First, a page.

Build a Better Orientation: Prevent Melt Through Better Marketing

It’s true — students are still excited for the face-to-face interactions during first-year orientation! These valuable anti-melt events act as the final stage of transformation from high school caterpillar to college butterfly. They are designed to introduce students to administration beyond the admissions and financial aid office, to explain policies and procedures and to shake off any pre-college jitters.

But wait — your enrolled students aren’t registering. Maybe it’s time to change the way you’re driving them to sign-up. Throughout the recruitment cycle, the admissions office has likely been the primary contact for your incoming students and their families. Not all summer orientation programs are run through the admissions office — but that doesn’t mean their job is done. Everyone on campus needs to hold the door and keep it open to fruitfully yield the students you worked hard to enroll.

Step 1: Immediate Response

The orientation registration link should be embedded in social media posts, eye-catching on the landing page of your website and the main ingredient in your “Register Today” email campaigns. So now that we have that covered, what if your students have questions, concerns or comments about the program? As admissions representatives take the necessary R&R required to function for next year’s recruitment cycle, do your incoming students know who to contact for orientation-related issues?

All too often, summer melt happens due to a lack of immediate response. The phrase, “Don’t count your chickens before they’re hatched,” especially rings true in the summertime because some families may still be shopping around for the best deal. Don’t let these students cancel enrollment simply because they felt neglected. Orientation is an event focused on belonging, so your communication throughout the late spring into early summer months needs to reflect that emotion.

How can you do this?

  • Send home a brief, pre-orientation survey to find out how families are preparing.
  • Post videos and stories from last year’s orientation on your social media channels so that first-year students know what to expect.
  • Add an engaging, open-ended question to the end of each drive-to-register email campaign to get students (and their families) interacting.

Step 2: Targeted Communication

As you may know from evaluating thousands of applications this past cycle, no two students are the same. Strong communication means utilizing their data. While some students have concerns about housing and the campus cuisine, others are still figuring out how to pay for college. There are many factors that come into play when deciding on a new home for four years. It is your experienced staff that has the answers to all of their questions. After you have sent home a pre-orientation survey, have a segmented email campaign set up to address any concerns.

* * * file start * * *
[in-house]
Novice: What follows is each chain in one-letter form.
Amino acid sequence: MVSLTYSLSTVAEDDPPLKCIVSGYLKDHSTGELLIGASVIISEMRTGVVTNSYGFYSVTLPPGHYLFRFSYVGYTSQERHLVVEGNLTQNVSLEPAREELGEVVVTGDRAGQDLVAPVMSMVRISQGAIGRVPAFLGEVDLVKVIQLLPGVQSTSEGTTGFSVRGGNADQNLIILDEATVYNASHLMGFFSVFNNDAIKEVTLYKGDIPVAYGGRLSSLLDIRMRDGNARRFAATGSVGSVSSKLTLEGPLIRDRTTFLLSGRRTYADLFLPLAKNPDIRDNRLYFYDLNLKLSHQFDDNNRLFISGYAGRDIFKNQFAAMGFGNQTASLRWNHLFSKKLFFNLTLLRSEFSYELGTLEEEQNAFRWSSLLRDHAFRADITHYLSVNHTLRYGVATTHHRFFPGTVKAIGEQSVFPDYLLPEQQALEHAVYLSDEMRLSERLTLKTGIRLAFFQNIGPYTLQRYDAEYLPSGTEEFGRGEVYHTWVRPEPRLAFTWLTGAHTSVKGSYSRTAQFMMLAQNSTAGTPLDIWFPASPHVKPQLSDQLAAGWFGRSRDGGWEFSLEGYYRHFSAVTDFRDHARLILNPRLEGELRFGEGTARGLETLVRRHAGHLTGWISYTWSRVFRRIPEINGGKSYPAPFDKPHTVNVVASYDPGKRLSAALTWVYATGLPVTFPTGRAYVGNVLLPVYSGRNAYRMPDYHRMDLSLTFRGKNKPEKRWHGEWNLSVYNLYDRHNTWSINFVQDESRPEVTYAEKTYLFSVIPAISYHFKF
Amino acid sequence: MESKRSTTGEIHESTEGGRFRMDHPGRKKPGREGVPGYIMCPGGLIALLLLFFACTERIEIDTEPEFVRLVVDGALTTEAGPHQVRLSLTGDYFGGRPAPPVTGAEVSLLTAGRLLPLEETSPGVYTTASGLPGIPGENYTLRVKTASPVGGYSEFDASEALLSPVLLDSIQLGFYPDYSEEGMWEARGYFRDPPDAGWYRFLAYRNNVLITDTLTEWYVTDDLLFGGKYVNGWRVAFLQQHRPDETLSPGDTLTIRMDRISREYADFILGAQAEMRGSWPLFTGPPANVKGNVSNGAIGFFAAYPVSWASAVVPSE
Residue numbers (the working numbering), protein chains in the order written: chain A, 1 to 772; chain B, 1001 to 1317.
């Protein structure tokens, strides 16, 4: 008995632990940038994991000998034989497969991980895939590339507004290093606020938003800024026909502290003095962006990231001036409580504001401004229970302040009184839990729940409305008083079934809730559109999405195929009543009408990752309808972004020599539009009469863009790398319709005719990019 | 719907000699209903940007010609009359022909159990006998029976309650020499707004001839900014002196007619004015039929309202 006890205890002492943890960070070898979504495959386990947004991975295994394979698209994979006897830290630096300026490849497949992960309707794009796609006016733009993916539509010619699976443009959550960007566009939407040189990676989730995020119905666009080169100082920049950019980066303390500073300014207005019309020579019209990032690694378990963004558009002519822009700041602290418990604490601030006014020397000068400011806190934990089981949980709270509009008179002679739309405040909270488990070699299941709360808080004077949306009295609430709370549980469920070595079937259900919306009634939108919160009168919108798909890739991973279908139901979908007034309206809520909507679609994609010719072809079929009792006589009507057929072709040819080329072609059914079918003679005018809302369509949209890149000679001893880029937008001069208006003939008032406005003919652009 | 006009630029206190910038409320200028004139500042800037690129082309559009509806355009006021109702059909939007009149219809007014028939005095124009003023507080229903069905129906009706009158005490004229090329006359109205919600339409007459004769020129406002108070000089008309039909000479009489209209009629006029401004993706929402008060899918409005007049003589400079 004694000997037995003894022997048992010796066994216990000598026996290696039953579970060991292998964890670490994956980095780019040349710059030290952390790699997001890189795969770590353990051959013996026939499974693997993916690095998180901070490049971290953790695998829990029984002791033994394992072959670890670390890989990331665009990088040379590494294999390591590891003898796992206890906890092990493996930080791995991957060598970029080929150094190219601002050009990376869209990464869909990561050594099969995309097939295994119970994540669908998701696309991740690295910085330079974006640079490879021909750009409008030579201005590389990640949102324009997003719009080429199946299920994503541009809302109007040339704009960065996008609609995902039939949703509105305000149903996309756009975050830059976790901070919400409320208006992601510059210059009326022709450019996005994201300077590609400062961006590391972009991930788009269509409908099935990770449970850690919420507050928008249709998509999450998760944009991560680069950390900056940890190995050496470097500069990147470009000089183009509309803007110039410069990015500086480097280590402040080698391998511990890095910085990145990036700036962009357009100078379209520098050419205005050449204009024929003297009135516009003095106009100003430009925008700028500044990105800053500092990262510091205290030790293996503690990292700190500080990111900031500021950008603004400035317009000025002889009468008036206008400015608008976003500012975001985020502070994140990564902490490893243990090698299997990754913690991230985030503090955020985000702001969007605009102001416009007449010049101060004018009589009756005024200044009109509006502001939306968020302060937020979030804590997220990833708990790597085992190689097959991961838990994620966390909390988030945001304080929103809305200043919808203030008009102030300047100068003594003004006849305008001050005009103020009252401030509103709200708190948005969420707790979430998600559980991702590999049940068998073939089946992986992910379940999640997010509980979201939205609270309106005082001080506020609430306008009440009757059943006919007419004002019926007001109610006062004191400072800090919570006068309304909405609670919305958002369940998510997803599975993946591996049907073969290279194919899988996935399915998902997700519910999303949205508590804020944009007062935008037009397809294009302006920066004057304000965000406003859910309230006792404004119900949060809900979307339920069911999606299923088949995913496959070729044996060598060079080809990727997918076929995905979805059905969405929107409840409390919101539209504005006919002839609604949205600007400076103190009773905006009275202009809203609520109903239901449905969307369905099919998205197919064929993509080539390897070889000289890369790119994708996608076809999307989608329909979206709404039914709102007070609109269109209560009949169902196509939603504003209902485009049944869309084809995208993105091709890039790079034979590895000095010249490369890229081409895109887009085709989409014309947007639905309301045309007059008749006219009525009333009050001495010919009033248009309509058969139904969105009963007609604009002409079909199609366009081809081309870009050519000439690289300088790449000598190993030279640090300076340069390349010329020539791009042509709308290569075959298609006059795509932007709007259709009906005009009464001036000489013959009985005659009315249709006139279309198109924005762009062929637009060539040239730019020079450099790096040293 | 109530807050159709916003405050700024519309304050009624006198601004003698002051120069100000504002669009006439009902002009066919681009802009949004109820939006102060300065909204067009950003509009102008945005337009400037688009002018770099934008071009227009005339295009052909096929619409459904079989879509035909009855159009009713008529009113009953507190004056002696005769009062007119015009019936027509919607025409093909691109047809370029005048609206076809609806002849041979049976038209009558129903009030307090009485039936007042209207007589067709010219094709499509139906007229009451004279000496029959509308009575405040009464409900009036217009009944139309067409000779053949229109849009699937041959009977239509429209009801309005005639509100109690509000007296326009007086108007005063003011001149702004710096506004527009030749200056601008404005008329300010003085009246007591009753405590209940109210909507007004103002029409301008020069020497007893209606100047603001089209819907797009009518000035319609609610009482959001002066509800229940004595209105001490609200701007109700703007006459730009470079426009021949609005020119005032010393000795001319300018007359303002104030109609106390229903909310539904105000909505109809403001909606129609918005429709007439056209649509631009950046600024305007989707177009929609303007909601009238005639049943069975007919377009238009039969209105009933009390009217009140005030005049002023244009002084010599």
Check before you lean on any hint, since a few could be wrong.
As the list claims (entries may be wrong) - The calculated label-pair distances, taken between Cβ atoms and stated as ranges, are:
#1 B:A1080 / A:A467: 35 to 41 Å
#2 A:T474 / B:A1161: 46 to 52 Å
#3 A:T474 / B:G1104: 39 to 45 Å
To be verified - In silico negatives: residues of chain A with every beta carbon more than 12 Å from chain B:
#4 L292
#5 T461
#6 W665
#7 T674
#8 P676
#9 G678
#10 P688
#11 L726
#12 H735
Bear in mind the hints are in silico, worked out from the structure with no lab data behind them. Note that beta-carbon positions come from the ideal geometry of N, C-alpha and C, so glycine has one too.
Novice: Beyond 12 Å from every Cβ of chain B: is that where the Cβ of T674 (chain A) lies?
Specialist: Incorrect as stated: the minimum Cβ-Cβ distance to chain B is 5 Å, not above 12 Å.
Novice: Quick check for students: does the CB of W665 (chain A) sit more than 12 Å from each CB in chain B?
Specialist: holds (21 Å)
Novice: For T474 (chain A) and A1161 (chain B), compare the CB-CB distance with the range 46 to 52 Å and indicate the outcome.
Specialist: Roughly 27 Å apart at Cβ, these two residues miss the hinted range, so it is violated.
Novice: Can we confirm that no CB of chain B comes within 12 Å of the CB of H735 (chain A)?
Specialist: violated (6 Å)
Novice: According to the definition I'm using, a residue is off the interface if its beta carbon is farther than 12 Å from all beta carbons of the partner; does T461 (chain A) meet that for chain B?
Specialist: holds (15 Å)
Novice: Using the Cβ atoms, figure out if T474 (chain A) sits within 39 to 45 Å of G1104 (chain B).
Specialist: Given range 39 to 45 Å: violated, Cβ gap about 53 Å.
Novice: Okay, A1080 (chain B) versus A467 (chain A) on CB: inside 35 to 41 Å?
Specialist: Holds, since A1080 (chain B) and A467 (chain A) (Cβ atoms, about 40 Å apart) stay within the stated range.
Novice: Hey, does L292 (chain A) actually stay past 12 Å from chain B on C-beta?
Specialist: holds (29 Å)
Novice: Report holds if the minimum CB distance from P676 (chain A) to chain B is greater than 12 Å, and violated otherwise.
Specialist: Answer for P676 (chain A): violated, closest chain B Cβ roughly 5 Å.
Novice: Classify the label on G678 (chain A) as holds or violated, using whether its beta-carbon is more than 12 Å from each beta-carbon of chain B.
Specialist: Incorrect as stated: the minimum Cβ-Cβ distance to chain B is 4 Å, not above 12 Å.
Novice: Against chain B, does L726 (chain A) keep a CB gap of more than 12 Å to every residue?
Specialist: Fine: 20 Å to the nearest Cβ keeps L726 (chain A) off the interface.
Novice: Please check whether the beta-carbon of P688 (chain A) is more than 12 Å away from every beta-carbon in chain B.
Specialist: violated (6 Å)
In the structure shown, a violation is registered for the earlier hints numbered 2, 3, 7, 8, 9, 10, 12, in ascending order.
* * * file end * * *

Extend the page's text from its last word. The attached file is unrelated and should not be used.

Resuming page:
Other ways to target the right students:

  • Connect incoming students with orientation leaders, current students, the counseling office and specific professors by offering phone calls, text messages or email responses.
  • Send the right message to the right students by segmenting your list by student type, intended major, geographic location and extracurricular interests listed on the application.
  • Track their microsite interaction and see if they are following (and liking) the social media posts on orientation (if they aren’t connected, they should be).

 Step 3: Automated Messaging

Whether your institution runs a day- or week-long orientation program, some students are going to be late, confused and anxious about attending the life-changing event. From kindergarten through senior year of high school, many of your soon-to-be-students have always followed the same two rules: Listen to authority and follow the schedule.

The tone of orientation emails, blog posts, print pieces and text messages should be welcoming and fun.  But, you should still use the authority principle to get more students signed up for your event.

How to use a stronger tone in your communication:

  • Send home a letter to parents stressing the importance of the event.
  • Use words like, “mandatory,” “imperative” and “required” across all channels.
  • Ask the president, deans, professors and other authority figures on campus for testimonials about the event.
  • Set up an automated campaign with information about the schedule and emphasize the importance of being on time.

Step 4: Post-orientation Outreach

Well, that was easy. You had 100% of your incoming students show up. The weather was perfect. And you met younger brothers and sisters who are already starting their applications for next year (optimism is key)!

Now is the time to combine the first three steps:

  • Send home post-orientation surveys and automated, targeted email campaigns.
  • Ask students to submit images and videos by creating social media contests.
  • Respond as fast as possible to any questions or concerns and ask about contact preference (students, professors, orientation staff).

Here’s to your best event yet!

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